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From Mogadishu to Baader-Meinhoff
The Lufthansa hijacking and Baader-Meinhoff

The next year, on October 13, 1977, two women and two men took over Lufthansa 737 from Majorca at gunpoint. There were 86 hostages.

The flight to Germany from the Baleraic Islands (between Spain and North Africa) had been high-jacked by a man calling himself 'Captain Mahmud', He and his colleagues that West Germany release eleven convicted terrorists. Mahmud ordered the crew fly to Cyprus, then Dubai, and then to Men, and finally to Mogadishu in Somalia. Mahmud was in fact Zohair Youssef Akache, a terrorist who had conducted previous acts of terrorism.

Mahmud wanted the prisoners freed, or else he would blow up the plane with himself and his hostages at 2:30 a.m. on October 18. Why? An incomprehensible mish-mash: to protest the ‘Nazi’ West German state’s alliance with Zionist Israel.

That night, a plane carrying German commandos landed without lights. The soldiers were the GSG9 group created six months after the mis-managed attempt to free Israeli athletes during a terrorist attack in Munich during the 1972 Olympics.

At ten minutes to two, the Somali army set a fire on the runway. The terrorists ran to the front of the airplane to see what was happening. This allowed 28 German commandos to start creeping toward the plane’s rear. At between five and seven minutes past two, the commandos staved in the plane’s doors with explosives. Concussive grenades followed, deafening and blinding the occupants.

The soldiers entered and shot three of the hijackers. One of them, a woman, ran into the lavatory, and began shooting blindly through the door. Trapped, she was wounded by return fire, but the passengers made it out alive. The pilot had been murdered by Mahud/Akache.

The woman said she was a member of the Baader-Meinhoff gang.

Who were Baader-Meinhoff?
Baader-Meinhoff was another name for the West German Red Army Faction. Theoretically, a radical left organization, RAF aims were a porridge of contradictions. Using leftist a wide range of leftist ambitions for reasons, excuses and goals, the RAF staged bombings and kidnappings for decades until it finally exhausted itself in 1998, seven years after the Soviet Union ceased to exist.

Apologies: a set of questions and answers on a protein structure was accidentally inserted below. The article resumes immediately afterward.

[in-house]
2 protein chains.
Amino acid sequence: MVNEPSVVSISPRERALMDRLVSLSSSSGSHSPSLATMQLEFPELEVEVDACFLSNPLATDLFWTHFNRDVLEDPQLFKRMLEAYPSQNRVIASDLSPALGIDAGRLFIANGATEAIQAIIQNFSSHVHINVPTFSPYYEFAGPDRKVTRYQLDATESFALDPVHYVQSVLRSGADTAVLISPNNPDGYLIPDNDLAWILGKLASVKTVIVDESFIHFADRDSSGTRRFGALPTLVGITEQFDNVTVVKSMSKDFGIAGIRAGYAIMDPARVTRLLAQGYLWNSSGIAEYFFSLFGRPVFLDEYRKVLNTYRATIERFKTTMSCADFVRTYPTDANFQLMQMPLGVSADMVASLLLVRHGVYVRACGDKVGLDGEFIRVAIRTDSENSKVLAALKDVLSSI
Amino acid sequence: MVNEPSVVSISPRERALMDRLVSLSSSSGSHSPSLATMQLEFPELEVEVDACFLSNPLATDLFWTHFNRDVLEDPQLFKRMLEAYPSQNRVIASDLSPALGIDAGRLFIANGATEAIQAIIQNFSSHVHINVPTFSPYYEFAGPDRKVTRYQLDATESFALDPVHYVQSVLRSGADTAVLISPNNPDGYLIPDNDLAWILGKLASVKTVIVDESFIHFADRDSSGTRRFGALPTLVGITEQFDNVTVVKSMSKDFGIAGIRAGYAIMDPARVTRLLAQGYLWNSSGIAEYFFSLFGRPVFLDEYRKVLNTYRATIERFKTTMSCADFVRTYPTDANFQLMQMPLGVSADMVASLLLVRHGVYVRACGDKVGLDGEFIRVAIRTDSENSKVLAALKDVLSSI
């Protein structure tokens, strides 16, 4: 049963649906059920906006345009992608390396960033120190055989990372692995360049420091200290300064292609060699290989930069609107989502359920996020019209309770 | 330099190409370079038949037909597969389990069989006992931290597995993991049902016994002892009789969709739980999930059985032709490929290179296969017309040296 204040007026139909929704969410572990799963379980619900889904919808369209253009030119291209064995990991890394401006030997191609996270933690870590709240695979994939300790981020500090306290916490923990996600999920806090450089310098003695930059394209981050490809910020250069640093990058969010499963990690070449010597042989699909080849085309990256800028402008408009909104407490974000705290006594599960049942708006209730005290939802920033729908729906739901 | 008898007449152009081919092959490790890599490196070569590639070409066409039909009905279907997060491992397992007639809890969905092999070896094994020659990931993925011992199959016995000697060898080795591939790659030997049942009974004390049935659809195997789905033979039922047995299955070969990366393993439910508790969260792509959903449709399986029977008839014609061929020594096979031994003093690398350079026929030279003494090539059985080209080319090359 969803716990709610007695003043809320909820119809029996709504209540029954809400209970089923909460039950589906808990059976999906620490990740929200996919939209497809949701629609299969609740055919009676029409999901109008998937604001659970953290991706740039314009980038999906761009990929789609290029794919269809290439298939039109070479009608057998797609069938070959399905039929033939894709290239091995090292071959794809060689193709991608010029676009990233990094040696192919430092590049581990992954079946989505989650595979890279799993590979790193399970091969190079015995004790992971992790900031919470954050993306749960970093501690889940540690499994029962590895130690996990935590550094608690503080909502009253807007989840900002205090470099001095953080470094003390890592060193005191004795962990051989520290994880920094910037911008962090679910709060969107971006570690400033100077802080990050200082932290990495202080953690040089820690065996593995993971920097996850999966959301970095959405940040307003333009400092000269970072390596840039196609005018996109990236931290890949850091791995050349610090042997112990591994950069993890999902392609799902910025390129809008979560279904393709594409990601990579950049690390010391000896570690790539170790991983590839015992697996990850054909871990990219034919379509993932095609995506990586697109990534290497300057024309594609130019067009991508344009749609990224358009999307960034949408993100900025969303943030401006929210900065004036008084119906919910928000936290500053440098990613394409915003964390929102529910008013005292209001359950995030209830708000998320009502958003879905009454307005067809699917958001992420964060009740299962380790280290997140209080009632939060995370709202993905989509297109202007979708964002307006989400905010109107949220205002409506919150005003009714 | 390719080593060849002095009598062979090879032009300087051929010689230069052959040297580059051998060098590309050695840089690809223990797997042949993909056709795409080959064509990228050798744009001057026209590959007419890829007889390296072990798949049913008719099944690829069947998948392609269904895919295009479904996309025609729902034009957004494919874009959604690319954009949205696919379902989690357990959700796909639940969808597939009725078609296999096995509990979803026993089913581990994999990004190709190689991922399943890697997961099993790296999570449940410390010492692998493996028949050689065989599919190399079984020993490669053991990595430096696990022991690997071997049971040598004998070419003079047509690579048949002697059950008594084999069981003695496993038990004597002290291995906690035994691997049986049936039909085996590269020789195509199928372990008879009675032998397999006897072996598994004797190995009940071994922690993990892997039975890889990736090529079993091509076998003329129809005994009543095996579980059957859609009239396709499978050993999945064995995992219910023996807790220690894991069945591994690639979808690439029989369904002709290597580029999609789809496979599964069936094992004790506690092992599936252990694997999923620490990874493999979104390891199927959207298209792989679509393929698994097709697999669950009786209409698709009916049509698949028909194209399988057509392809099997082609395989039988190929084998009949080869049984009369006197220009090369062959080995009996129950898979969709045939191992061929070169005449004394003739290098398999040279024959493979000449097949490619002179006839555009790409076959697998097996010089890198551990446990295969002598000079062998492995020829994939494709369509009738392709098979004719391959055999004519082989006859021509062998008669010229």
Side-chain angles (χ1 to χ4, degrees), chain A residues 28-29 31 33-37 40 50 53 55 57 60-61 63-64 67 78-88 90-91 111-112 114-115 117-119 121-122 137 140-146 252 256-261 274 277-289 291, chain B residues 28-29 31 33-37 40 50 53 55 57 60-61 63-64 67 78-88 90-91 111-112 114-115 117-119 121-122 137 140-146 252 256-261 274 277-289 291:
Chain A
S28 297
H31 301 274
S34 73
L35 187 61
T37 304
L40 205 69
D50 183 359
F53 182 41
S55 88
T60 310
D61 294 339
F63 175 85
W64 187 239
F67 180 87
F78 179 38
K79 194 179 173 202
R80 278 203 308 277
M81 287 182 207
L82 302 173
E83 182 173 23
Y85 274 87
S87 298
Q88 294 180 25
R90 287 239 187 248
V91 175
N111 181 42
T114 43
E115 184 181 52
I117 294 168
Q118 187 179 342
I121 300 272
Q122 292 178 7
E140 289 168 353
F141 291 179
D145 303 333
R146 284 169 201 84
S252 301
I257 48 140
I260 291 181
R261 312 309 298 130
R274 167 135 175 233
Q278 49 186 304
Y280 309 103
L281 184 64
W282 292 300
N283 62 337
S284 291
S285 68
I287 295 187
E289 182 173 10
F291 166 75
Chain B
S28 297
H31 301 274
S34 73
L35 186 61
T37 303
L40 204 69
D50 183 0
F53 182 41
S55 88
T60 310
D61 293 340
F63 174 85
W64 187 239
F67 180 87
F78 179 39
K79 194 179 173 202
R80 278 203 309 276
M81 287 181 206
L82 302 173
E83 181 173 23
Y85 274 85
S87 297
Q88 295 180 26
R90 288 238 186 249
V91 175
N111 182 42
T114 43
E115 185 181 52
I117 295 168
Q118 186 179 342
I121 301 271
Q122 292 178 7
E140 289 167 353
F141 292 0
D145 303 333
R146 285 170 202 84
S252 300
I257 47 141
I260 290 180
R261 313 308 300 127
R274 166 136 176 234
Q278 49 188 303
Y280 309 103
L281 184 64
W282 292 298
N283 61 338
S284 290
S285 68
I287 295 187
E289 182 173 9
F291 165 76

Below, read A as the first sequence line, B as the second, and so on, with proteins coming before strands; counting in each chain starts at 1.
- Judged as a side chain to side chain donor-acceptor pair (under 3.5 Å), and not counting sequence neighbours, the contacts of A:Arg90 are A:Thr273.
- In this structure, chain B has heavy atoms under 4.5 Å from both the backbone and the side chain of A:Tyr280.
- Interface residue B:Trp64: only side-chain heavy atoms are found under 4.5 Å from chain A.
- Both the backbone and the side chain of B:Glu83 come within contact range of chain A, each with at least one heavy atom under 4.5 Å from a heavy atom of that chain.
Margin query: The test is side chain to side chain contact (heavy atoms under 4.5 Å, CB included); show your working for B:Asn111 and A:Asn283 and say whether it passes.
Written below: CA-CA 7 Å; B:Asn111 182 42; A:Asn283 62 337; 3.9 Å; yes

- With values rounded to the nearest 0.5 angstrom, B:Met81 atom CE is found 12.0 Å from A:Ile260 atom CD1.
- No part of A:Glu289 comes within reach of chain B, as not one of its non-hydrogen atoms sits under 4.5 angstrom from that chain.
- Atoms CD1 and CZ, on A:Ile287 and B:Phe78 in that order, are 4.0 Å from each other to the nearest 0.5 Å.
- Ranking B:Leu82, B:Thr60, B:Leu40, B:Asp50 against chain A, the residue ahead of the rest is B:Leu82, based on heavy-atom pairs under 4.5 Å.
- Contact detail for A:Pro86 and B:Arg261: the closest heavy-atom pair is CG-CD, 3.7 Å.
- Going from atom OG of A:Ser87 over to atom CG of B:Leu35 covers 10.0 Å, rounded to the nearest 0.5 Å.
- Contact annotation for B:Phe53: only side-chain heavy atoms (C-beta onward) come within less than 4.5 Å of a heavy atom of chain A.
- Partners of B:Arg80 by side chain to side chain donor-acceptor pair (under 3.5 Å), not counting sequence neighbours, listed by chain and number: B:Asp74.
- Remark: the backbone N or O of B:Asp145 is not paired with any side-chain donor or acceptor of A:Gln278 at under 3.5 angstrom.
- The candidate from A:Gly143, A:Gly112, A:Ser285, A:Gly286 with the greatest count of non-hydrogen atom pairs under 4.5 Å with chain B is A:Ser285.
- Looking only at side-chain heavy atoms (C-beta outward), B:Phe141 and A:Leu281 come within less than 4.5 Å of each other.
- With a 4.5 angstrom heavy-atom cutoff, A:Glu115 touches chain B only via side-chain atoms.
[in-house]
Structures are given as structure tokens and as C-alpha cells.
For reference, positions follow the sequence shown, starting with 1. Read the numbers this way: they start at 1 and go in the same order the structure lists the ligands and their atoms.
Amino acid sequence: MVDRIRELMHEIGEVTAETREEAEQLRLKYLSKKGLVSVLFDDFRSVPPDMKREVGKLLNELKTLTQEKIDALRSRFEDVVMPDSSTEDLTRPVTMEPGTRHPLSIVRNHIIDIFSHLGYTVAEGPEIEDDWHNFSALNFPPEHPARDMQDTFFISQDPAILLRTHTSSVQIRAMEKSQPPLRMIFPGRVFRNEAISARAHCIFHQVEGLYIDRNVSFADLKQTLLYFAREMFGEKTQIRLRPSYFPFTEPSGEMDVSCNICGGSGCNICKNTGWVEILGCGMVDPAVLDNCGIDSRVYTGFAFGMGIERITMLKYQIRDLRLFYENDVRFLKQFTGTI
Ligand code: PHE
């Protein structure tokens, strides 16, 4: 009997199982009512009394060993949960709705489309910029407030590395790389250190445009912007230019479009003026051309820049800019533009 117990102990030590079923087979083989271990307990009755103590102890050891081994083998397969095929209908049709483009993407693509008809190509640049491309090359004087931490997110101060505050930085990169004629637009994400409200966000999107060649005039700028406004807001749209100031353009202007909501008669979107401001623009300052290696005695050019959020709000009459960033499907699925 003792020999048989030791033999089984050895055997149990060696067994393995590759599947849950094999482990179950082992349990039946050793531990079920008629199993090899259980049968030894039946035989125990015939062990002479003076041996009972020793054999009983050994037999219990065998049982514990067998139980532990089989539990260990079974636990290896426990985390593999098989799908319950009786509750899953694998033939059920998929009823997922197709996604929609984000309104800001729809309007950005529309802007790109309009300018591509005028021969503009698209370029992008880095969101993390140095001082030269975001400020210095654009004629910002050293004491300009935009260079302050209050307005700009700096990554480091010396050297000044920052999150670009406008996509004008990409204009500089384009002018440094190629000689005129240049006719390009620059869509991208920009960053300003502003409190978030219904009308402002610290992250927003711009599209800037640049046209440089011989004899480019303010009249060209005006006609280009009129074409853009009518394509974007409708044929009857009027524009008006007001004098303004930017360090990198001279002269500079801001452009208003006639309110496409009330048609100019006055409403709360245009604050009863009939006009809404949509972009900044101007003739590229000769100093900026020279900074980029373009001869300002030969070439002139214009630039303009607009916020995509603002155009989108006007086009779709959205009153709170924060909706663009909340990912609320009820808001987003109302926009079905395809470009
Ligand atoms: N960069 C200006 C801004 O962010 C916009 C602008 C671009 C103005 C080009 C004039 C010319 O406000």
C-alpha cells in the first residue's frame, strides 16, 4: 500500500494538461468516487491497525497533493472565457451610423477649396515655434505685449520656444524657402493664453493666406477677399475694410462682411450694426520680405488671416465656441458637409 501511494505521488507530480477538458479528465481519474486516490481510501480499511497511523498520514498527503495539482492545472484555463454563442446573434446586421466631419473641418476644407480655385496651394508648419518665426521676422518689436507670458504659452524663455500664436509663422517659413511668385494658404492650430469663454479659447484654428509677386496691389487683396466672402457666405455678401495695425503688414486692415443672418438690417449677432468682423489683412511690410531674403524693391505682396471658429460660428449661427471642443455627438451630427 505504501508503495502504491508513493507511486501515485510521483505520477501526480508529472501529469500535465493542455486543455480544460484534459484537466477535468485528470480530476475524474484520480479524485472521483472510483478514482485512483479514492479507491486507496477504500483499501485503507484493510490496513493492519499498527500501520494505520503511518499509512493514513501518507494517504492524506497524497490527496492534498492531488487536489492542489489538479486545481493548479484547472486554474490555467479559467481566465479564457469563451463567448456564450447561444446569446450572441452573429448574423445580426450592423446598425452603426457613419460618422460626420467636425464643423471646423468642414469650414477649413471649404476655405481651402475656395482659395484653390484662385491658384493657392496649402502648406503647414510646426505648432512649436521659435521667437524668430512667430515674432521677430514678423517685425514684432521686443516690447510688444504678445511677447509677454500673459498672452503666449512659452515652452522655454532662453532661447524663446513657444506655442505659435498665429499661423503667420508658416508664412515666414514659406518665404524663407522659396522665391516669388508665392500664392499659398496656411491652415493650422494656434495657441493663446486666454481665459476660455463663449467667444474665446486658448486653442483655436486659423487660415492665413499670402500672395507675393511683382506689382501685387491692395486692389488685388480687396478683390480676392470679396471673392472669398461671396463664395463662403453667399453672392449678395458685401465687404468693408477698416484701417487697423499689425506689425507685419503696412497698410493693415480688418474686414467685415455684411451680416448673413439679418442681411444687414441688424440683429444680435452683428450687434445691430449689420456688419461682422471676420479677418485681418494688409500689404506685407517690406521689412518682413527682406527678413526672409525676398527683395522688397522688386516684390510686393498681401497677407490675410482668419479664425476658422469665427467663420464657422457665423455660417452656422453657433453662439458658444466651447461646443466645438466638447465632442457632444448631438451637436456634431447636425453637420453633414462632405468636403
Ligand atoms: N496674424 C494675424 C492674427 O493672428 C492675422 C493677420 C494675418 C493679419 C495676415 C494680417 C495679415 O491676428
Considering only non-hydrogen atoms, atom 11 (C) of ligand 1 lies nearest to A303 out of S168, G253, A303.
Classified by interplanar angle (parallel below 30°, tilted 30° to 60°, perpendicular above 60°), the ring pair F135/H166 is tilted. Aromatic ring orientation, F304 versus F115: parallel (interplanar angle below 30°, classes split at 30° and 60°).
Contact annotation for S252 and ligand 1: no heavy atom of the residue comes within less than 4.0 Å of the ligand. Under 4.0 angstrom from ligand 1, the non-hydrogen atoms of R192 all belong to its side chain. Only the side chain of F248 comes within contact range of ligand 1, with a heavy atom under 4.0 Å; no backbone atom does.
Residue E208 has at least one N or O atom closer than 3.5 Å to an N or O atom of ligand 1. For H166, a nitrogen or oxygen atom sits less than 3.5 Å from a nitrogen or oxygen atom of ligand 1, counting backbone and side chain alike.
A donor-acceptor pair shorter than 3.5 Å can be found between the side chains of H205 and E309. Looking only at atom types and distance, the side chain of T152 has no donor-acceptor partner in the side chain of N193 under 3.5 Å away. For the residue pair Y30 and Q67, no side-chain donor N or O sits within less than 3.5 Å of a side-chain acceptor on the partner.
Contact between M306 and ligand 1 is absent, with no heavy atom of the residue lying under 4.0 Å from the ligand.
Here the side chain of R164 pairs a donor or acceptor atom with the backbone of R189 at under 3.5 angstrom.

It has been described as the long-lasting terrorist gang from which any of the western democracies has had to suffer. Germany was a complicated place after the Second World War. Heavy handed police tactics during student protests of the 1950s encouraged discontent. This, with the East Germany next door and the Soviet Union doing its best to butter the stairs.

During the 1950s and 1960s, the remnants of the old colonial system fell apart. Every year saw another colony declare independence. Overthrowing a government seemed a only a few steps further. Several guerrillas groups in Latin America sought to overthrow their governments; in Europe, the Basque separatists sought outright independence from Spain, Canada suffered terrorist bombings from Quebec separatists. Some groups like the Dutch gang which kidnapped millionaire Maurits Caransa in November 1977, sought only cash; and the Red Army Faction staged similar operations.

Andreas Baader was the RAF’s first leader. In 1968, after he and his girlfriend Gudrun Esslin were jailed for arson, he escaped with the aid of sympathetic journalist Ulrike Meinhoff. He robed banks for several years and lived well despite being hunted. Finally Baader was expelled from the RAF proper.

Early Days